Microsoft Prez, Belluzzo, to Leave Company

By Peter Galli  |  Posted 2002-04-03 Print this article Print

Departure is part of a restructuring that divides the company into seven separate groups.

Microsoft Corp. announced Wednesday that President and Chief Operating Officer Rick Belluzzo will leave the software company as part of a company restructuring. In the announcement, Microsoft said Belluzzo will "transition out of his role as president and chief operating officer on May 1, although he will continue to work at the company through September to ensure a smooth transition." This move was part of a broad organizational restructuring, which divided the company into seven groups: Windows Client (headed by Group Vice President Jim Allchin); Knowledge Worker (under Group Vice President Jeff Raikes); Server & Tools (under Senior Vice President Brian Valentine and Senior Vice President Eric Rudder); Business Solutions (under Group Vice President Orlando Ayala); CE/Mobility (headed by corporate Vice President Pieter Knook); MSN (under Senior Vice President David Cole); and Home & Entertainment (under Senior Vice President Robbie Bach).
In a statement, Microsoft CEO Steve Ballmer said Belluzzo had worked closely with him analyzing the companys structure to determine how it could im-prove its internal processes and maximize opportunities for growth.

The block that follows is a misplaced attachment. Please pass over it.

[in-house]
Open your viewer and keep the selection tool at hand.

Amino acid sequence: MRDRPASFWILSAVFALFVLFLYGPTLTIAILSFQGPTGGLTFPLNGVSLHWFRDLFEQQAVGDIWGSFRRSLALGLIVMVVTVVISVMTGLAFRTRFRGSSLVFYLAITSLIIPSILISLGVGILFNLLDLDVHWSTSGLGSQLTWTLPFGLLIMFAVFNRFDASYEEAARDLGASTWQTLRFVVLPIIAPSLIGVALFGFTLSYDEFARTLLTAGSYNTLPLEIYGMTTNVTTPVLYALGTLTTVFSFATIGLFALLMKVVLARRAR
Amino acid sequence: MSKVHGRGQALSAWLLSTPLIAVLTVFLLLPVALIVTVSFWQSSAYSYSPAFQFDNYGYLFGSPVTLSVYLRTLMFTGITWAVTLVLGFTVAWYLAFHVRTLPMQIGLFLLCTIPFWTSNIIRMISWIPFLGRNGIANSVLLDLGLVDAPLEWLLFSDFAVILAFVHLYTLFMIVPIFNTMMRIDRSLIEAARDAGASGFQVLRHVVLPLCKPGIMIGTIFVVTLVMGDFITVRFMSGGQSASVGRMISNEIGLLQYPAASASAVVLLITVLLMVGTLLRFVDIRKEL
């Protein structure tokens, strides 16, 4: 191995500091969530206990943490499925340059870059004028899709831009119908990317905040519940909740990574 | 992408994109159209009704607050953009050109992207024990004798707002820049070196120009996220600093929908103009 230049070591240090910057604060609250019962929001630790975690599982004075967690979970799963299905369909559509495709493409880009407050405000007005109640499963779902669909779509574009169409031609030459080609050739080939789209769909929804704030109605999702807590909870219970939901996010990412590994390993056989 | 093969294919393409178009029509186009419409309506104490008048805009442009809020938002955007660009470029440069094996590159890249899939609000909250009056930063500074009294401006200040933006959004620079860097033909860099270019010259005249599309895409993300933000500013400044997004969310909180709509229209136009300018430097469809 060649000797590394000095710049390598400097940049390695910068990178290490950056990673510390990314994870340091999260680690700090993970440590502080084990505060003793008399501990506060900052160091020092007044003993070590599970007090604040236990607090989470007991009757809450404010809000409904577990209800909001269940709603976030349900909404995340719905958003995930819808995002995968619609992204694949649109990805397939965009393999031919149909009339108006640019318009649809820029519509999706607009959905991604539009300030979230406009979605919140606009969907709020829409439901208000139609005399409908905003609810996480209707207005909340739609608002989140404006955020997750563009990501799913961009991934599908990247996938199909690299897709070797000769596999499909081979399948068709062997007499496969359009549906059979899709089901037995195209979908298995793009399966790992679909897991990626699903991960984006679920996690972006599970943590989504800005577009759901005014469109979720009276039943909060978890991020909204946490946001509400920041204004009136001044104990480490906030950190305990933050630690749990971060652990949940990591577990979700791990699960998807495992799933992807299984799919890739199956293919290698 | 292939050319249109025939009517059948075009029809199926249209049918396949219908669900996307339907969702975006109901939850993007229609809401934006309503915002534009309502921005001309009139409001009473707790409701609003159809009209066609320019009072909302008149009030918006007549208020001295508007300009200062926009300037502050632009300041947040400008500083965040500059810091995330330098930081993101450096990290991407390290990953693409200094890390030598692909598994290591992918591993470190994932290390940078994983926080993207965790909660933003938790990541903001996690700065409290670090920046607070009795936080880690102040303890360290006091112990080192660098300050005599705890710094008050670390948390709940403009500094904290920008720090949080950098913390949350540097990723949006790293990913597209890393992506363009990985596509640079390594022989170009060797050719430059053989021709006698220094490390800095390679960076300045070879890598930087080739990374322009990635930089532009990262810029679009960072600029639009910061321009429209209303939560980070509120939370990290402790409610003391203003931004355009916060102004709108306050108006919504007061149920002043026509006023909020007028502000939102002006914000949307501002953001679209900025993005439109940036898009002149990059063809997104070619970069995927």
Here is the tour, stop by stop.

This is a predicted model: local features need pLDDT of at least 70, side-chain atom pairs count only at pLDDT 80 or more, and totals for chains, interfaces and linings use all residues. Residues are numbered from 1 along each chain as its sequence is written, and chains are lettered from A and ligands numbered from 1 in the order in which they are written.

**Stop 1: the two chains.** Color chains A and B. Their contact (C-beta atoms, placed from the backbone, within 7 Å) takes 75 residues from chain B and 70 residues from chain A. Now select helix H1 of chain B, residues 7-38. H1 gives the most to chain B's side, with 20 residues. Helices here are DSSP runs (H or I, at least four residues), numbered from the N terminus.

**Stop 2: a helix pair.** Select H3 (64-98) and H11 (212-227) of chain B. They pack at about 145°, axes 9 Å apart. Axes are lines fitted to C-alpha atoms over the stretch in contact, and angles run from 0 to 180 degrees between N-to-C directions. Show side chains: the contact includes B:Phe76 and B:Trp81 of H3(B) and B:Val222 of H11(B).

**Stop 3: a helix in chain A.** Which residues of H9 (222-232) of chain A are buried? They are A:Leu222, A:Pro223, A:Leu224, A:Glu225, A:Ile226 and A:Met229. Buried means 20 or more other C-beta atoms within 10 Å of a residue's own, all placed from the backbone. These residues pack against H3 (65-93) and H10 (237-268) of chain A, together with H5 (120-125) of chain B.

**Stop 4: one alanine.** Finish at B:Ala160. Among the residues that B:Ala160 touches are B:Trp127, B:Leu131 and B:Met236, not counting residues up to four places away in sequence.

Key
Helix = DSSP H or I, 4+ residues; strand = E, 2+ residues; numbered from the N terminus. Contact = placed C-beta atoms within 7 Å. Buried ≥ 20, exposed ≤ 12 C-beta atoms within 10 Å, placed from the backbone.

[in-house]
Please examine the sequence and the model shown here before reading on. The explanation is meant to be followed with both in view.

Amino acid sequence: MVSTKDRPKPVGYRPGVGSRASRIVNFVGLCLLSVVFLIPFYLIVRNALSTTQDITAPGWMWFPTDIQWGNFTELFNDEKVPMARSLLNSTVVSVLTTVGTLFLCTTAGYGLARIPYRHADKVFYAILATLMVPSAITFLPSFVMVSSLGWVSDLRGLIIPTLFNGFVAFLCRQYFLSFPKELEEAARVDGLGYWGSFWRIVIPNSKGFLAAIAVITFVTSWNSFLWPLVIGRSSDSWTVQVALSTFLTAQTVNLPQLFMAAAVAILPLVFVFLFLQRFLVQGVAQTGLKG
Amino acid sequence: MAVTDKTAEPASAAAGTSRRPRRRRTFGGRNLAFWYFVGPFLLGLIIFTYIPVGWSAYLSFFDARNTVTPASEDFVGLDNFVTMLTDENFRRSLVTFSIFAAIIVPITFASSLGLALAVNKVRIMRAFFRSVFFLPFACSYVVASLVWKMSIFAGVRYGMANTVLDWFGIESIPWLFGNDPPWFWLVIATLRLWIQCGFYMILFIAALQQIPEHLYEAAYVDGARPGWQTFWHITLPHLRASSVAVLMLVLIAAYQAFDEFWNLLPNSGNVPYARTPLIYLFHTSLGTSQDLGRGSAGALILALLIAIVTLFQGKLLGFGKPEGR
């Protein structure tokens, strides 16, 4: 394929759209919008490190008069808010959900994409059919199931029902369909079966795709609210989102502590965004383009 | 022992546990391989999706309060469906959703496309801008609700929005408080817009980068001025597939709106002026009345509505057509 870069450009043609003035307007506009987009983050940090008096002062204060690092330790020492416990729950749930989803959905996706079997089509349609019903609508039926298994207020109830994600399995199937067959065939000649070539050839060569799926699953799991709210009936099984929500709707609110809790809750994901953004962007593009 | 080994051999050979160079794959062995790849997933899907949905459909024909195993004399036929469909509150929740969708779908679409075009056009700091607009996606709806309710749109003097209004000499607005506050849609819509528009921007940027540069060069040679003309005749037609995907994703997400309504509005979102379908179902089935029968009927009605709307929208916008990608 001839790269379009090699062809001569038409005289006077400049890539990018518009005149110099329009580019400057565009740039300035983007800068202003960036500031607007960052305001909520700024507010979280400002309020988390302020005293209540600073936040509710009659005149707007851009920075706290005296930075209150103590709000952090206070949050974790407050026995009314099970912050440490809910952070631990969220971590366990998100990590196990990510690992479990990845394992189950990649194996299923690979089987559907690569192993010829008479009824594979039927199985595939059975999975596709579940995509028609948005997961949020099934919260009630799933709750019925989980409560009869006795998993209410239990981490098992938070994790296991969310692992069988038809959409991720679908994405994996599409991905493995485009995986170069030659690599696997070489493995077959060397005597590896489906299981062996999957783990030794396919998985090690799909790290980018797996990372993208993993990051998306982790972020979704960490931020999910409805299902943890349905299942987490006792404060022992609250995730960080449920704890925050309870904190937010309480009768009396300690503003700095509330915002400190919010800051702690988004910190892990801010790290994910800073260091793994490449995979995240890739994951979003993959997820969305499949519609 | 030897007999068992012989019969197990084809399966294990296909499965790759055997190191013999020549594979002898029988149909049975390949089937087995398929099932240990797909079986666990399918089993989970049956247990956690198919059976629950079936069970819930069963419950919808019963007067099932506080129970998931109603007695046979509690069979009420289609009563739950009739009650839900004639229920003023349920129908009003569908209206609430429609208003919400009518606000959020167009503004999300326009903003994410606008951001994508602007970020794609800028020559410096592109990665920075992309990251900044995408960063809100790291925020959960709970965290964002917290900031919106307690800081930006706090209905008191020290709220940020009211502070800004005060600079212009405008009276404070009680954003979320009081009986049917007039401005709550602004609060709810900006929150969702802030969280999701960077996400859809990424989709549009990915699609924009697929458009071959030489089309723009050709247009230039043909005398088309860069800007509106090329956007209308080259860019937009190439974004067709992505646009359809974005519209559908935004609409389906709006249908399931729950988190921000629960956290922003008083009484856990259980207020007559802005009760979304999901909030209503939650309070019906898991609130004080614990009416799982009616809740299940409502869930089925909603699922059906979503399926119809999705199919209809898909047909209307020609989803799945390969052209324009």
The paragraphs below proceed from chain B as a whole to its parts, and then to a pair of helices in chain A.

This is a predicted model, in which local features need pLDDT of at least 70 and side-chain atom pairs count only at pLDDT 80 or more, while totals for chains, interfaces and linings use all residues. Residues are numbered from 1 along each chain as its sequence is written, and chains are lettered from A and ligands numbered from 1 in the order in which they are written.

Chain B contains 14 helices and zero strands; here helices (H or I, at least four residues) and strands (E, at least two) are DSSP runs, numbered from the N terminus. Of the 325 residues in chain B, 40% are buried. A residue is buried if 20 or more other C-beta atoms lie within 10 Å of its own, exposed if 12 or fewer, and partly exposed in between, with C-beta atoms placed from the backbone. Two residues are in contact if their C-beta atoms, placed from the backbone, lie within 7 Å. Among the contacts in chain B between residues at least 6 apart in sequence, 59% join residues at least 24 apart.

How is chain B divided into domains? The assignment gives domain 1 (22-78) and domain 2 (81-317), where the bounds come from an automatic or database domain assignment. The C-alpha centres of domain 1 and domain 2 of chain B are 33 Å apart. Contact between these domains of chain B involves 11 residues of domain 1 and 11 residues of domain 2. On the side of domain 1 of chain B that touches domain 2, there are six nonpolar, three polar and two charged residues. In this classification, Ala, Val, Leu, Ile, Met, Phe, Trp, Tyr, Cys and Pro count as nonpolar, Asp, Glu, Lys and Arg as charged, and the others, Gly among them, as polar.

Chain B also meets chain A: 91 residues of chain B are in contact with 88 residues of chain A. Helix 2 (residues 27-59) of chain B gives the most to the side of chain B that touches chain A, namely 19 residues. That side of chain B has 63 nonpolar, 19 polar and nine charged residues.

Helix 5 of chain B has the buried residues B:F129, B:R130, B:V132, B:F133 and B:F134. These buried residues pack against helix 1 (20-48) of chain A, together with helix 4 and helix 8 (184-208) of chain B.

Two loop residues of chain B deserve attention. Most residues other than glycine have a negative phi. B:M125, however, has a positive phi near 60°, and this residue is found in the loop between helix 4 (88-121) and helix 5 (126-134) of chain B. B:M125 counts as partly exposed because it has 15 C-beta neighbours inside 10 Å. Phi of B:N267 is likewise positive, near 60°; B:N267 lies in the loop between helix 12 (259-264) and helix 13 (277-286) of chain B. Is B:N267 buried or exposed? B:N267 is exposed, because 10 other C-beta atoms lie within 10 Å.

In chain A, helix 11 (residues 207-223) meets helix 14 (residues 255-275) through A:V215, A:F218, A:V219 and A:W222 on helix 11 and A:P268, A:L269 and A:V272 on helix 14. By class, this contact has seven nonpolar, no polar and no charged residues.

"We realized we needed to give our core leaders deeper control and account-ability in the way they run their businesses, while at the same time ensuring strong communication and collaboration across the business units. This is the right decision for Rick, but the company will certainly miss his leadership and ex-perience," Ballmer said. A Microsoft spokeswoman told eWEEK late Wednesday that Belluzzo will be helping to determine the precise rollout of the new groups and the additional accountability and responsibility of its leadership in his remaining months with the company. The Redmond, Wash., software company has no intention of hiring a replacement for Belluzzo for either position. "This is the elimination of the role of president and, in helping to design this new leadership structure at Microsoft, Rick essentially participated in organizing himself out of a job," the spokeswoman said. Part of Belluzzos recommendation was to drive more accountability and decision-making into the new business groups. So, the structure as Belluzzo and Ballmer defined it, does not require a president. Some of that functionality and responsibility will now be undertaken by Ballmer, she said. At this time Microsoft also will not appoint or have a COO, "and in any case they mutually agreed that was not a job Rick [Belluzzo] wanted," she said. "That role will either be taken up by Steve [Ballmer] or driven into the responsibilities of the heads of the seven business groups, who will be charged with additional decisions around revenue and cost control. "The message Steve is sending these leaders is that in order to be really good at being a good company we need to be making these decisions a little closer to the customer and line of business. So the leadership is going to have to do more of the business management than they previously have," she said. Microsoft Chairman and Chief Software Architect Bill Gates added that Belluzzos leadership on improving internal business systems and his role in the development of key product initiatives, including .Net, MSN and Xbox, "were very significant contributions." In a prepared statement Belluzzo said that "given where Steve and I knew we needed to take the business, I decided it was the right time to pursue my goal of leading my own company. Im proud of what Ive accomplished at Microsoft, and I will miss the great people Ive worked with over the past several years," he said. Dwight Davis, an analyst for Summit Strategies Inc. in Seattle, said Belluzzo had always been overshadowed by former Microsoft presidents Gates and Ballmer. "I think he was completely eclipsed by these two personalities. It was also never clear to me exactly what his role as president was in addition to his function as COO, a position he took over from Bob Herbold," he said. The position of president was an amorphous one at most firms, and even more so at Microsoft. "There certainly may be some merit to his desire to lead a company--he certainly didnt do so at Microsoft, and there was little likelihood of that changing anytime soon. But this could also be a cover for something else internally," Davis said. But the Microsoft spokeswomen denied there was any rift or disagreement between Belluzzo and other Microsoft management, saying he and Ballmer were pretty much in alignment "that this was the direction that the company needed to go," she said. Belluzzo joined Microsoft in September 1999 as a group vice president and was promoted to president and COO in February 2001. In that role he was responsible for overseeing worldwide sales and marketing, directing business operations including Human Resources, Finance and Licensing, and overseeing Microsofts games and TV platform efforts.